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Is This the Best Falafel in San Diego?

Falafel Heights’ Palestinian-style chickpea balls win over even the most skeptical members of our staff
Falafael Heights in North Park featuring Egyptian and Lebanese style cuisine
Courtesy of Yelp

Stop us if you’ve heard the Happy Half Hour cast claim a particular food item was the “best in San Diego” before (to be fair, San Diego Magazine devotes an entire issue to the topic). If we assign superlatives, we tend to stand behind them, so buckle up for the following: We’ve found the best falafel in San Diego. Hands down, bar none, et cetera. 

Falafel Heights lives in a small storefront on 30th, near Lincoln, in North Park. Formerly kind of decrepit due to many closures (Toronado, Streetcar Merchants, and others) despite the nighttime buzz afforded by eternally packed karaoke bar Redwing and its street taco–slinging neighbor Brother’s Mexican Restaurant, this block is about to veritably pop off. Falafel Heights opened last fall and high-end dive Happy Medium (by Fernside, SDCM, and former CH Projects barkeeps Christian Siglin and Eric Johnson) launched last week. CH’s new Persian spot is currently under construction, and Saigon Coffee is just across the street, as are Second Chance Brewing and other businesses. 

Owner and founder Lialie Ibrahim opened Falafel Heights after years of hosting pop-ups. In some ways, the storefront is a testament to the power of peer pressure—people have been goading her into sharing her exceptionally snackable chickpea balls for ages. 

See, falafel comes in many forms. There’s Egyptian falafel, which is large, almost bready. Baked Lebanese falafel fits in the palm of your hand. Ibrahim’s falafel—quarter-sized balls deep-fried and offered street-style, as she experienced near her former home on Palestine’s West Bank, —is meant to be popped as finger food. Loaded on fries, served in a wrap or bowl, or eaten solo, they’re addictive, especially when drizzled with one of her many sauces, including a hard-to-find Iraqi mango amba.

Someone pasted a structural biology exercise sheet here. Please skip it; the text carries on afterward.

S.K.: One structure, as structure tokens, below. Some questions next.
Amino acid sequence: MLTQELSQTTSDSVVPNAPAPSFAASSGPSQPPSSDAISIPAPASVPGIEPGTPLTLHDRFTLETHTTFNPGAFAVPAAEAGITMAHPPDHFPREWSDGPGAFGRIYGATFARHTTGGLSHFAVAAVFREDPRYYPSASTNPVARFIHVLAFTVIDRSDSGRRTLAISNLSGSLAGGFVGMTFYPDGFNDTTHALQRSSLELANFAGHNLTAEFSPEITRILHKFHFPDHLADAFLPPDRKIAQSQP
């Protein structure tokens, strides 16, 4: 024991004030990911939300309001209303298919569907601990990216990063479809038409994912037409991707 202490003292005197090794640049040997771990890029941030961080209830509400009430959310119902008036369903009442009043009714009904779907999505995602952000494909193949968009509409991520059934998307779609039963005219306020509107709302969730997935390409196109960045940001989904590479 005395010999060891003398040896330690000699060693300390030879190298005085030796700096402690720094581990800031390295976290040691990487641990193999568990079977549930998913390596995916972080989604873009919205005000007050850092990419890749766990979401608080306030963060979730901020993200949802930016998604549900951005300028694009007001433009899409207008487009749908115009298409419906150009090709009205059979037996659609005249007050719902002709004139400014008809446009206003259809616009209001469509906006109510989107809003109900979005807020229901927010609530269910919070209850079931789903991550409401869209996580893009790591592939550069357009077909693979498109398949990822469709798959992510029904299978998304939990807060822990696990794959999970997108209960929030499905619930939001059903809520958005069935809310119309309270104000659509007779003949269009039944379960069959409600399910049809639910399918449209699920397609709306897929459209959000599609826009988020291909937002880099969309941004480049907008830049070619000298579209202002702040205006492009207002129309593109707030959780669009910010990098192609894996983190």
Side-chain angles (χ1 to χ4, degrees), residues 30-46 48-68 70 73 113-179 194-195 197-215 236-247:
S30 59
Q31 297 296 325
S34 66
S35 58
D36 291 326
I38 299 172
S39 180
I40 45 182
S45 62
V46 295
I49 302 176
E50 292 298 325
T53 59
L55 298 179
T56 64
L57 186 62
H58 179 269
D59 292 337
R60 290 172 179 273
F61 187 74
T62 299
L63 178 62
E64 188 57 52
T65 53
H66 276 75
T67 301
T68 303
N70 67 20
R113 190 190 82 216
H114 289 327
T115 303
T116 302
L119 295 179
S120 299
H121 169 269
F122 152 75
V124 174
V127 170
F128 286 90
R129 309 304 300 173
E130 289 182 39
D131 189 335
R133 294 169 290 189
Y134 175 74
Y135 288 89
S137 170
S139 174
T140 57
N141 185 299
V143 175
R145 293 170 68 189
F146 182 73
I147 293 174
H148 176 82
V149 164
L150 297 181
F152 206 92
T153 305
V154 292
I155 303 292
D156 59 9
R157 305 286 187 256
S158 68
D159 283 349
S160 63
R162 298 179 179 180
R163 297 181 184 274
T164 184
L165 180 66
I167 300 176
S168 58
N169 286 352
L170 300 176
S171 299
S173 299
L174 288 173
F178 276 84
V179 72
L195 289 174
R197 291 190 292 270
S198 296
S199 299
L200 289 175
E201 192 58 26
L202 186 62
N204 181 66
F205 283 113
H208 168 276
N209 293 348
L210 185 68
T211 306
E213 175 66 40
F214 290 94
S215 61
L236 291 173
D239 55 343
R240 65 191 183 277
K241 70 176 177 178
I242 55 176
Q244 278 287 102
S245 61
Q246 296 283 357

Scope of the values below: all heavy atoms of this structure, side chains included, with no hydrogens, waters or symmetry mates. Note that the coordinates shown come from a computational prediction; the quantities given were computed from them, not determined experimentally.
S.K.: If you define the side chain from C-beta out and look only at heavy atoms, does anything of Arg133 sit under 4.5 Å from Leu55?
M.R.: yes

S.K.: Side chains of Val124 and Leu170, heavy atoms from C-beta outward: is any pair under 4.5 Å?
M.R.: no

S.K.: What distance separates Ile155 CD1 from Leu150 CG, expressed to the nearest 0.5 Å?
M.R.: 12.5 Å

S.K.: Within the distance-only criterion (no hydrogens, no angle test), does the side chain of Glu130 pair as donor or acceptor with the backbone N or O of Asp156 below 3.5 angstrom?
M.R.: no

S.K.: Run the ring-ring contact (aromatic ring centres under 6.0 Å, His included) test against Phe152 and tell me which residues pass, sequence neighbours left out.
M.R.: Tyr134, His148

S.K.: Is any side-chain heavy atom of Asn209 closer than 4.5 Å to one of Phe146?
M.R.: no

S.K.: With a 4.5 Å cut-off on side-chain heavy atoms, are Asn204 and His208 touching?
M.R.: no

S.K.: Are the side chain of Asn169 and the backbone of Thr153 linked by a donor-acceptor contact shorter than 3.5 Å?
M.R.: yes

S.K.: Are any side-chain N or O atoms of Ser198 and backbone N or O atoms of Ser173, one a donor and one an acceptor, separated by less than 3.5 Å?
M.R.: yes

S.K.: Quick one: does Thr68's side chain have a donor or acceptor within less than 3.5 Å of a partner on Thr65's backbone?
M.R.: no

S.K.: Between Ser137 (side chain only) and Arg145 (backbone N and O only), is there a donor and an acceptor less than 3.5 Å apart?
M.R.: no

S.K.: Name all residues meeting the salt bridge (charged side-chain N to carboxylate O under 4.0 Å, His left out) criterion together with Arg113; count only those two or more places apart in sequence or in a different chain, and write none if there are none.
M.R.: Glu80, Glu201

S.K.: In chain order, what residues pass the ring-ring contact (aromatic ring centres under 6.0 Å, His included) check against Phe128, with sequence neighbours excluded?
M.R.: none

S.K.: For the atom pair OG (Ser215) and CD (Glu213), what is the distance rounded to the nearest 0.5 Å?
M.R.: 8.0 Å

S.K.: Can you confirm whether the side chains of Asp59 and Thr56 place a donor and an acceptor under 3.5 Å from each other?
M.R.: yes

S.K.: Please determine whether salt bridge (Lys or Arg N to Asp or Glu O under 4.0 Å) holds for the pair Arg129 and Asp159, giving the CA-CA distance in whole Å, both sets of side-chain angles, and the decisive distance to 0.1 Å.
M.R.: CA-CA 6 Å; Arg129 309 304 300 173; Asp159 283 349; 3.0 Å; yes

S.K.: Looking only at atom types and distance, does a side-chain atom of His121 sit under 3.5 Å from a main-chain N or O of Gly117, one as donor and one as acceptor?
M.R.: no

Ibrahim is originally from the Bay Area, where her Palestinian parents settled after immigrating to the United States. She taught kids and tried her hand at journalism, doing mostly radio work, before moving to San Diego. Here, she got into the local running scene, started making falafel for pals with her family’s recipes, and even helped her good friends (part of her running club) start a little old kombucha brand, which would eventually become Boochcraft.

Falafel Heights grand opening in North Park San Diego featuring Egyptian and Lebanese style cuisine and their mascot
Courtesy of Falafel Heights

“Upon moving to San Diego, I wanted to taste falafel the way I fell in love with it as street food in the West Bank,” Ibrahim says. “I grew up eating falafel made from scratch, which involves soaking the beans overnight. [Then they’re blended] with fresh ingredients and cooked upon request.” She follows the same procedure at Falafel Heights, laying down fresh, hot, delicious, and plentiful bites. She’s even got a mascot, Phil, a walking, talking falafel wrap.

When we weren’t stuffing our faces with chickpeas, we also talked about the news, all of which concerns North Park. The aforementioned Happy Medium finally opened, and Bivouac Adventure Lodge launched last week in a huge yurt-like space next to the original cidery. Trust’s Brad Wise will bring a French brasserie to 30th and University next year. On March 13, Black Radish will host a five-course menu with wine pairings from Napa’s El Molino and Memento Mori, and Jersey Mikes and Belching Beaver both have new North Park locations.

By Jackie Bryant

Jackie is San Diego Magazine's content strategist. Prior to that, she was its managing editor. Before her SDM career, she was a long-time freelance journalist covering cannabis, food/restaurants, travel, labor, wine, spirits, arts & culture, design, and other topics.

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